Review by Jack Foley
STEPHEN King adaptations tend to be either brilliant and inspired (The Shawshank Redemption, The Shining) or breathtakingly poor (Children Of The Corn, Sleepwalkers).
But while 1408 may add up to the number 13 it’s fortunate in so many ways – and so much better than the current glut of torture obsessed horror movies.
First of all, it boasts a terrific leading man in John Cusack, a wonderful extended cameo from Samuel L Jackson and a director in Mikael (Evil) Håfström who very much knows how to conceal a shock or two.
Cusack stars as Mike Enslin, a tormented writer who makes a living by debunking ghost stories while trying to come to terms with the death of his daughter.
When he receives a mystery postcard informing him of a New York hotel room that’s pure evil, he determines to prove otherwise.
Ignoring the pleas of the hotel’s desperate owner (Samuel L Jackson), Mike enters the room aware that no one has ever survived more than an hour – and the haunting begins.
Stripped back to basics, the film is essentially a one-man show that harks back to classic ghost story convention. It’s Cusack against the room and boy does the actor deliver. Things start creepy (a radio keeps flicking on with a Carpenters track announcing “it’s only just begun”) and gradually get worse, providing Cusack with plenty to react to without interacting with.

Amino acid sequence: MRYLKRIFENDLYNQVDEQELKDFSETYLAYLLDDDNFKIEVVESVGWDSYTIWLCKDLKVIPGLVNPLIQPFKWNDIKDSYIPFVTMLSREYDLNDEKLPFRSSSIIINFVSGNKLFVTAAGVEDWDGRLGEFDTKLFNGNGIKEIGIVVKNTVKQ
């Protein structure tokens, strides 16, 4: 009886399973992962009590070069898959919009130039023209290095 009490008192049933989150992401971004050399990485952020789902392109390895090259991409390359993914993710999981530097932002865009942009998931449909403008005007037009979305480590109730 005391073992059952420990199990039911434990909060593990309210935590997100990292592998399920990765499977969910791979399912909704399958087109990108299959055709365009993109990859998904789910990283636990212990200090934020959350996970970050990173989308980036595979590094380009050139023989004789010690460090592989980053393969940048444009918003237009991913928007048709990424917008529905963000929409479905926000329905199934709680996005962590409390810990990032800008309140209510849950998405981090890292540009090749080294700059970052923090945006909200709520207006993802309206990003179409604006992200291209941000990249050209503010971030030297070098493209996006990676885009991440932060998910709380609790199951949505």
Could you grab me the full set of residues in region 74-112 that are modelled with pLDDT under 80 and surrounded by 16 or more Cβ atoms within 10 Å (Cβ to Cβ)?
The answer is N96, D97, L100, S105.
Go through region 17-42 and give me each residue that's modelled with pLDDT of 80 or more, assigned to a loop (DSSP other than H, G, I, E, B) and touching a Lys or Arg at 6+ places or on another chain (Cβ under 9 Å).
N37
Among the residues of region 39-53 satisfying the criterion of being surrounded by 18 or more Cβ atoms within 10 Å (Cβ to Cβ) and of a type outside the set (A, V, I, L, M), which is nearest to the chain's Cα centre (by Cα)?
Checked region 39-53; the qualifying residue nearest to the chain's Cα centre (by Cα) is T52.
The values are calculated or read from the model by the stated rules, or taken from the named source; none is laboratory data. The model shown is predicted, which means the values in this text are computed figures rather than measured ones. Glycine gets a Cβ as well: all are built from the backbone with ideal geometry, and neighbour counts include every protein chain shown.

It’s testament to his immense ability, however, that you never tire of his presence or fail to care about his predicament. Rather, he slowly sheds his trademark cool persona to reveal a vulnerable, fragile side that has to call upon all his reserves to survive.
Håfström, for his part, keeps things tightly wound for most of the journey, beginning with a suitably creepy early exchange between Cusack and Jackson and then teasing the audience with several well-timed jolts.
He does eventually succumb to a special effects overload as the room fully unleashes the extent of its powers and tacks on an ambiguous ending – but it’s a small price to pay for the fun to be found along the way.
If nothing else, 1408 is worth seeing for the way in which it gleefully bucks the mainstream trend for tacky shocks and needless gore to deliver a suitably old-school chiller. You won’t regret checking in.
Running time: 1hr 44mins
DVD Release Date: December 26, 2007